Tag Archives: truth

The Illuminati

23 Nov

The Bavarian Illuminati was a secret society established on the 1st of May 1776 by Adam Weishaupt (1748-1830). Weishaupt was a Professor of Law and he seems to have intended the Illuminati to establish  a new world order by means of conspiracy. The structure of the organisation took the form of  network of independent cells, each operating in isolation and reporting to a superior who was not known to them, a structure which has proved useful to a number of subsequent organisations.

Freemasonry provided a particularly tempting target for infiltration given its widespread membership, system of graduated initiation and general tendency towards secrecy.

Weishaupt took the name of ‘Brother Spartacus’ and his original aim was to ‘dispel the clouds of superstition and of prejudice’, which all sounds terribly laudable, but the Order soon developed its own gnostic mysteries into which members were initiated as they progressed through the hierarchy.

The Order of the Illuminati was effectively brought to an end by the secular edict of  the 2nd f March 1785, issued by Karl Theodor, the Elector of Hanover.

On the face of it, this sounds like so much historical trivia.

The Illuminati essentially only really existed as the pet project of  an otherwise relatively obscure academic with an apparent passion for secret societies and conspiracies. The only real significance of the Illuminati to most people is the fact that it’s provided such a useful backdrop for novelists and conspiracy theorists.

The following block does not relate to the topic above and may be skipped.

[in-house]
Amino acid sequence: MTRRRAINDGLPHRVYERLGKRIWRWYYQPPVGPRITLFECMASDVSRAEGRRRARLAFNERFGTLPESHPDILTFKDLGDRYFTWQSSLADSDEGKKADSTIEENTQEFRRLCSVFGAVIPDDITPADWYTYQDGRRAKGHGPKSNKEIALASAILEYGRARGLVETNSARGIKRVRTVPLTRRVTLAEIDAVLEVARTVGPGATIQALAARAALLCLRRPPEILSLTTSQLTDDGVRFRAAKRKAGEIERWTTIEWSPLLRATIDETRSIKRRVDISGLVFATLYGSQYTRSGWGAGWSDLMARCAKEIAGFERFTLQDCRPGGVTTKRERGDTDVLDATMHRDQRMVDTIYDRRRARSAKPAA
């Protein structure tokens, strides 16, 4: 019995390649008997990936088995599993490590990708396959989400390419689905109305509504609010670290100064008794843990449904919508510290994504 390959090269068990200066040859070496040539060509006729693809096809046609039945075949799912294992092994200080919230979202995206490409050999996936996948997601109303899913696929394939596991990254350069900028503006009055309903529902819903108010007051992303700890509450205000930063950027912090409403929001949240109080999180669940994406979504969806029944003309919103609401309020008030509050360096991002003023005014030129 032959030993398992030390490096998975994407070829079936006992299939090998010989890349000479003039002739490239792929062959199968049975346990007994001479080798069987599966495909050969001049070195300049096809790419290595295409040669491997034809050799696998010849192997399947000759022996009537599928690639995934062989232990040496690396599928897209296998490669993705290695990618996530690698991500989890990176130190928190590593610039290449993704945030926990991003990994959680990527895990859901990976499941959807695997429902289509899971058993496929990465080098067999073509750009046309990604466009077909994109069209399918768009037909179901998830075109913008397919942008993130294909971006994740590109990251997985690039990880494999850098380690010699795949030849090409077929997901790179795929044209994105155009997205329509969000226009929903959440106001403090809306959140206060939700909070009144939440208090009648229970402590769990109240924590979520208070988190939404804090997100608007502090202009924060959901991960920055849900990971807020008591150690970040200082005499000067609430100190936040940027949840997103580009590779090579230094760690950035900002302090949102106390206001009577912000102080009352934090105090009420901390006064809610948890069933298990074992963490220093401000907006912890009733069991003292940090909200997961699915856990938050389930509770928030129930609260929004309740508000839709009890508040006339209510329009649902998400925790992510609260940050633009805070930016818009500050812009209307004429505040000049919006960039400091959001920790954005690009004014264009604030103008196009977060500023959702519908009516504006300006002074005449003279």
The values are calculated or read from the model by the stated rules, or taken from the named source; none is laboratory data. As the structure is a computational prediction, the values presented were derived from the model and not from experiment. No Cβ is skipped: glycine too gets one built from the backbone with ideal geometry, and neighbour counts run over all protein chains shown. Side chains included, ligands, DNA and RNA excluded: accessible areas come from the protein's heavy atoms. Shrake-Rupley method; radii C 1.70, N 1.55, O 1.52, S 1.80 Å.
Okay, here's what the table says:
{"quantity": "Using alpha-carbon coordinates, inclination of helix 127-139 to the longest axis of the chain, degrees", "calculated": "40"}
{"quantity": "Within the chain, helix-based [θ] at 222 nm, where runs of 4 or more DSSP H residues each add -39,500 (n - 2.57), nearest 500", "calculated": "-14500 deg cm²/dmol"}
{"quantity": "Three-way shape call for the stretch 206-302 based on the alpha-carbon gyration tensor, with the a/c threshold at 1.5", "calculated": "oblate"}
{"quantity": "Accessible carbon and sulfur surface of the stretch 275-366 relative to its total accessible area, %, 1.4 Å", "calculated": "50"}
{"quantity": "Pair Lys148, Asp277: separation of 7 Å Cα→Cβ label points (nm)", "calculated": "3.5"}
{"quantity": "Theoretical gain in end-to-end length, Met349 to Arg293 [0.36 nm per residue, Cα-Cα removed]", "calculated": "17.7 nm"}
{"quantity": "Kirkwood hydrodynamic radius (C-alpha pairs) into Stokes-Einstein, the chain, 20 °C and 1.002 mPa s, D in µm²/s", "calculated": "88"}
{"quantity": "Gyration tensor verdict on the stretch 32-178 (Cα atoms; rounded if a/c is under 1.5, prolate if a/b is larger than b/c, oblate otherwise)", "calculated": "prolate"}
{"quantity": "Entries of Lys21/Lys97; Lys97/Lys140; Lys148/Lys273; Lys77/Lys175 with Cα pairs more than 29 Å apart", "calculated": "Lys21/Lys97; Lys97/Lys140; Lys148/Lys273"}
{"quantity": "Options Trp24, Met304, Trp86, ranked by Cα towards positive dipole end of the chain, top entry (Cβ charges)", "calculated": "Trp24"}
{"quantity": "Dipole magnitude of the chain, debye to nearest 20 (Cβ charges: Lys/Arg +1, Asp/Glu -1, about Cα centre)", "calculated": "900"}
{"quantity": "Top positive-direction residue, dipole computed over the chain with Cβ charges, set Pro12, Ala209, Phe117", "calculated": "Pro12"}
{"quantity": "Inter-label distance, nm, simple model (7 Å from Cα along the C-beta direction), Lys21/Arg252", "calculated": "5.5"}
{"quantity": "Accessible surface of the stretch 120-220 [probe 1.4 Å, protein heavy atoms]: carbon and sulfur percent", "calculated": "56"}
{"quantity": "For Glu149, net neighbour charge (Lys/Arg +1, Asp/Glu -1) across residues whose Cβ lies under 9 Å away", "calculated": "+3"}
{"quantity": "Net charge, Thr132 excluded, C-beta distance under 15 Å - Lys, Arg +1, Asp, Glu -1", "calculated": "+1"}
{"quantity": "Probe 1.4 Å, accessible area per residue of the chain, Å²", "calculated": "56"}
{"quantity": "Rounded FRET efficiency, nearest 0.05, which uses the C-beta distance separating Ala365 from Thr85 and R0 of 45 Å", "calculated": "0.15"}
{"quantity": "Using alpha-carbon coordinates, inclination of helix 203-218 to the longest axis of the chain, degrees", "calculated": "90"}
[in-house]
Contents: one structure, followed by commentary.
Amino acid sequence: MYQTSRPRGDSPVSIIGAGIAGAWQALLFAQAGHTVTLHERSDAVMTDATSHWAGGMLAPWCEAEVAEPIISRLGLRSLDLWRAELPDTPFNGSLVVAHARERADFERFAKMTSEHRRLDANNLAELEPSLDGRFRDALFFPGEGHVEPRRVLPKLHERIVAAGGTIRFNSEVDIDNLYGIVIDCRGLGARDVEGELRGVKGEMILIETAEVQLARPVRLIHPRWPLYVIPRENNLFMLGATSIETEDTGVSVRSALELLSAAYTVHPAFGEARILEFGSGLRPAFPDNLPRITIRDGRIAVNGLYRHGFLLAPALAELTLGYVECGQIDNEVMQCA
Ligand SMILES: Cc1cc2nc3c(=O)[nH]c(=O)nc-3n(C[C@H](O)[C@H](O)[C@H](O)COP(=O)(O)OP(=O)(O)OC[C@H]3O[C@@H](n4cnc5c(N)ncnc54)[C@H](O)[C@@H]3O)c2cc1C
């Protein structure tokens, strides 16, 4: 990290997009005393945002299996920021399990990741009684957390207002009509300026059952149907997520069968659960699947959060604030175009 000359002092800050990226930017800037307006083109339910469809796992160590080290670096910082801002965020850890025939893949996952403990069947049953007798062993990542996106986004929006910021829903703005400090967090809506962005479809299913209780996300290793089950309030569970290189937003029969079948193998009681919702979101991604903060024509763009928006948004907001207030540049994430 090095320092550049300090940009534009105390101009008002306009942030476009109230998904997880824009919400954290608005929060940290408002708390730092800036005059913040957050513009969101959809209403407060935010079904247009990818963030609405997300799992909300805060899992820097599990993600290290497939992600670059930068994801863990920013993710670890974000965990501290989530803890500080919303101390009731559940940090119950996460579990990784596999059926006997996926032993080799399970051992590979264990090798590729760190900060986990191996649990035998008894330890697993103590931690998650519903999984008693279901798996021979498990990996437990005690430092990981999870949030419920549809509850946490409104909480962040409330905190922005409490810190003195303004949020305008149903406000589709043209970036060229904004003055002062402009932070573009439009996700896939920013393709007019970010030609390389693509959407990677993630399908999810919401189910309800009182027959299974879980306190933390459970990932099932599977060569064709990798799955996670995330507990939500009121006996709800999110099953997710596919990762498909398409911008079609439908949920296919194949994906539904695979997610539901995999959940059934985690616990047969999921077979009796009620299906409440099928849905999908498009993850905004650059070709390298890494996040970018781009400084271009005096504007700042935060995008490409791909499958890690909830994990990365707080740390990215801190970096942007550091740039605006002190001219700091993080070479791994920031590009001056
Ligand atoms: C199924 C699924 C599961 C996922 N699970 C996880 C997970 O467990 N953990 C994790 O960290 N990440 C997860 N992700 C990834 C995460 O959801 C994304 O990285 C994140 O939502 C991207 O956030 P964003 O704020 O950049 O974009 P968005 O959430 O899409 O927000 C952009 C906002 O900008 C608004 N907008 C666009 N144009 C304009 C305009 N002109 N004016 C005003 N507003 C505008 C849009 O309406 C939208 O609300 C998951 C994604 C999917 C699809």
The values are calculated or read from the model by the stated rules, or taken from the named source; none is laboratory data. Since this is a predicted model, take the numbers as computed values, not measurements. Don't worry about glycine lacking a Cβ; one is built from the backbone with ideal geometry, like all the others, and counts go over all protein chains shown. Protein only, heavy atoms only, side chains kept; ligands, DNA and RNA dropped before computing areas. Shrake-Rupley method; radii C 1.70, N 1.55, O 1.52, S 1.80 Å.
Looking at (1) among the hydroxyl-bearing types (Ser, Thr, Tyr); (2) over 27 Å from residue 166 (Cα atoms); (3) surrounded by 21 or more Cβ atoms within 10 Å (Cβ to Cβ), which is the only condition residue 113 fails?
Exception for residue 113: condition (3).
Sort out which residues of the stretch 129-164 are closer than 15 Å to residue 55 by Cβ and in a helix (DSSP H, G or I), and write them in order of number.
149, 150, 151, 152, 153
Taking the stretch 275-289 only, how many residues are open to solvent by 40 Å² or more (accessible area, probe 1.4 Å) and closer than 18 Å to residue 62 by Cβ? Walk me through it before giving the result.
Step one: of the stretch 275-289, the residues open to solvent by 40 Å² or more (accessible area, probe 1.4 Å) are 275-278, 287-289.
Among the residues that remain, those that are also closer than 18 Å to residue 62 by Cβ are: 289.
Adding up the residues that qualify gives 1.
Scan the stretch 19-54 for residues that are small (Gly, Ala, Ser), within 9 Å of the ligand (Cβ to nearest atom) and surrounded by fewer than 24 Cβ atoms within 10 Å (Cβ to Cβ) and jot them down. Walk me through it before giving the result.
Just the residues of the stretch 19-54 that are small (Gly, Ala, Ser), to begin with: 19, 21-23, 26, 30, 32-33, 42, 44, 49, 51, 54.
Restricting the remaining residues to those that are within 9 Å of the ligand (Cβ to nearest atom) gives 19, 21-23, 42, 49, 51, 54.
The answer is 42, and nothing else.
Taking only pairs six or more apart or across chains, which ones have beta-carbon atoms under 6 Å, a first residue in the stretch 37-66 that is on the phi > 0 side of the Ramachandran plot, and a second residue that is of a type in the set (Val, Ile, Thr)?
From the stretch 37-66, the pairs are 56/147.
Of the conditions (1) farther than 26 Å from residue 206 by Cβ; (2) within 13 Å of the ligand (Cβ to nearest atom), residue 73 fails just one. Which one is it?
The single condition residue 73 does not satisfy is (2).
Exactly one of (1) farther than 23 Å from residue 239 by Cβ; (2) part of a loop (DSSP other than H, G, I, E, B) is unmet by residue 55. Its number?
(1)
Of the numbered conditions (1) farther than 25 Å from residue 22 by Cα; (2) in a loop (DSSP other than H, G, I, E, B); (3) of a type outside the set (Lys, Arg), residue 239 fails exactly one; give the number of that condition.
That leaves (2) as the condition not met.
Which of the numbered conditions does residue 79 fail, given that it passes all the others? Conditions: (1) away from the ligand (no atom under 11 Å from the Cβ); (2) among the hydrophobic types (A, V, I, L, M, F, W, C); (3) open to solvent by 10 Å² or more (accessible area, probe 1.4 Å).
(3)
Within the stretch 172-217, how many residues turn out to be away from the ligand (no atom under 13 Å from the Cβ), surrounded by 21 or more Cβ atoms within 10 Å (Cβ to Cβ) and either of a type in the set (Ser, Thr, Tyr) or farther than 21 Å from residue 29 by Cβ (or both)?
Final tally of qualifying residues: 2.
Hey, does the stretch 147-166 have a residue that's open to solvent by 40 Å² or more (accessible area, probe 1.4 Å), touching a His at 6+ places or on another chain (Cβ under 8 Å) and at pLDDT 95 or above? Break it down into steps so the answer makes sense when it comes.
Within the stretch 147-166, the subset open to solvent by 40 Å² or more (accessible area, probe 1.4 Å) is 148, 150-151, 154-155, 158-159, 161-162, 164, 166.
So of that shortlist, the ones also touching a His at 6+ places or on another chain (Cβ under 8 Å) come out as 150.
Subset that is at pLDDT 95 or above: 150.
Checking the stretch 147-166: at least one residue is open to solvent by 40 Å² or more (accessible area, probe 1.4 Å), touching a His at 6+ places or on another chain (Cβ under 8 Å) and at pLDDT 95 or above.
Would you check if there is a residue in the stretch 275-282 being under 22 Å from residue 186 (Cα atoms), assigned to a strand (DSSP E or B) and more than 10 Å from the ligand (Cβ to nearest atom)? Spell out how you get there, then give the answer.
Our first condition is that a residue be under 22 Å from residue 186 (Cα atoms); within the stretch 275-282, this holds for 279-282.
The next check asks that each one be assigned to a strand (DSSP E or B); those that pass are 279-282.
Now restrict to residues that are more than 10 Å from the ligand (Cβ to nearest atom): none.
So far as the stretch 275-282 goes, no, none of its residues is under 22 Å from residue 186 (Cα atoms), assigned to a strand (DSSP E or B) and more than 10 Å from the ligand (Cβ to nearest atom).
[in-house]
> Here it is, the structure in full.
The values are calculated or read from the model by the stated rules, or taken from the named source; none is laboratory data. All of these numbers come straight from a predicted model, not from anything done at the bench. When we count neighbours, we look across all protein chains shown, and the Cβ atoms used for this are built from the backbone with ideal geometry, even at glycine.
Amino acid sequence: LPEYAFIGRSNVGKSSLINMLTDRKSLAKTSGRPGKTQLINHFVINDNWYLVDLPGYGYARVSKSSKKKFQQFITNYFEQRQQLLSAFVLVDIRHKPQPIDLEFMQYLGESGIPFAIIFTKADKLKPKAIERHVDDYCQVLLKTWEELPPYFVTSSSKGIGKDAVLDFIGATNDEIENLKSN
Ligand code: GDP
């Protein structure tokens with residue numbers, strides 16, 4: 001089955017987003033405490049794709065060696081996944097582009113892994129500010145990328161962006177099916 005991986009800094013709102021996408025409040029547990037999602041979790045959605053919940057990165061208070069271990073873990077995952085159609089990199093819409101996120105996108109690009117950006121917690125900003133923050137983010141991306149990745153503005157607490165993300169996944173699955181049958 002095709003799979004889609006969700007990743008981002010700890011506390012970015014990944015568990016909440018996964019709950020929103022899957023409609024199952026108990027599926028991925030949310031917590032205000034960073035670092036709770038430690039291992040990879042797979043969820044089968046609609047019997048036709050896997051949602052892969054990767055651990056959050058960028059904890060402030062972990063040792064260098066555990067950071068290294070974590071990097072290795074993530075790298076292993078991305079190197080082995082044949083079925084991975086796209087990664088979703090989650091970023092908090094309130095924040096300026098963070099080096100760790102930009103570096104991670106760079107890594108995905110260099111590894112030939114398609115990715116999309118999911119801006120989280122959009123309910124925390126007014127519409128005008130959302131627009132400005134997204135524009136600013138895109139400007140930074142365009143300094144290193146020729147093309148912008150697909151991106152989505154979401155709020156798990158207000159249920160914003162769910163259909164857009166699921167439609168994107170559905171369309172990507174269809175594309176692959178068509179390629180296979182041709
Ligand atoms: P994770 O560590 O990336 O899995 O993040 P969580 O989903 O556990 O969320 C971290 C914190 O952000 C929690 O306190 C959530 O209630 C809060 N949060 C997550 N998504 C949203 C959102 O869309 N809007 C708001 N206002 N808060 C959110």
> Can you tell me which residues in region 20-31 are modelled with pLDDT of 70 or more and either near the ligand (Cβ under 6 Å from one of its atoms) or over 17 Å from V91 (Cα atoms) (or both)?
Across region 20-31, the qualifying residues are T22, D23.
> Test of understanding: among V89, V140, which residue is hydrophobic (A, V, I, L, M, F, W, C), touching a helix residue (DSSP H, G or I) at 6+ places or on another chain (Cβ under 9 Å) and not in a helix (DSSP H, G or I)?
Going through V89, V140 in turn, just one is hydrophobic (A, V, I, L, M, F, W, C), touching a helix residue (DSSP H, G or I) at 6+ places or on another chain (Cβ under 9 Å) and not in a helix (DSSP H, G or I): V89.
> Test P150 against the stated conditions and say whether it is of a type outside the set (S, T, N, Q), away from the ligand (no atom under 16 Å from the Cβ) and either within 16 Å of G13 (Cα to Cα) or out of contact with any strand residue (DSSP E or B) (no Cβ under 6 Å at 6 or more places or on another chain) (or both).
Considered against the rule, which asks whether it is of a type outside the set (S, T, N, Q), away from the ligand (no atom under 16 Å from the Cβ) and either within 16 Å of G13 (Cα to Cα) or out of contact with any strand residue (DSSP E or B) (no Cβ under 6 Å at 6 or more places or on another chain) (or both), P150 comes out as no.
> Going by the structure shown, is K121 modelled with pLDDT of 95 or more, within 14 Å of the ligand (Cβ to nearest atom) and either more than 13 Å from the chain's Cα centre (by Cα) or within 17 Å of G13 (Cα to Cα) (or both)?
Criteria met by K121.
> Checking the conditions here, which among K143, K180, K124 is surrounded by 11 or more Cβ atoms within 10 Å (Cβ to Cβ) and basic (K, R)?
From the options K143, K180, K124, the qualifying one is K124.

But there is one interesting thing about the Bavarian Order of the Illuminati.

The most secret of the secrets that was finally revealed in the ultimate initiation of the Illuminati was, ‘There is no secret’.

This is either the most shameless rip off, or the highest wisdom. You decide.

Personally, I think there’s something to it.

All the great teachers, Lao Tzu, Jesus Christ, Gautama Buddha (Add your own favourites to the list if you want) tend to have a few things in common.

They seldom put their ideas in writing, others tend to do that for them. They often use parables and fables. They seldom, if ever, say anything in plain and simple terms. You have to work at it to understand what they’re getting at.

Why is this?

It’s because most of what they’re trying to tell you is very important, but it’s also blindingly obvious and quite simple once you get it.

If they tried to tell you what they wanted you to understand in plain and simple terms it would sound simple-minded. It’s only when you have to work for it that you see the value in the point they’re trying to make.

So there are no secrets, the really important stuff is all out there. It isn’t hidden and it’s very easy to understand. The only trouble is that it’s much harder to accept and it’s hard work trying to live by it.

So it’s easier to wrap yourself up in sophistry and convoluted arguments. That’s not the way to find any kind of truth worth having, it’s just a distraction and it only feels important because it’s difficult and you get to use a lot of pretentious terminology.

So profound truth or total rip off?

It’s up to you.

But either way, at least you didn’t have to join a secret society to find it.

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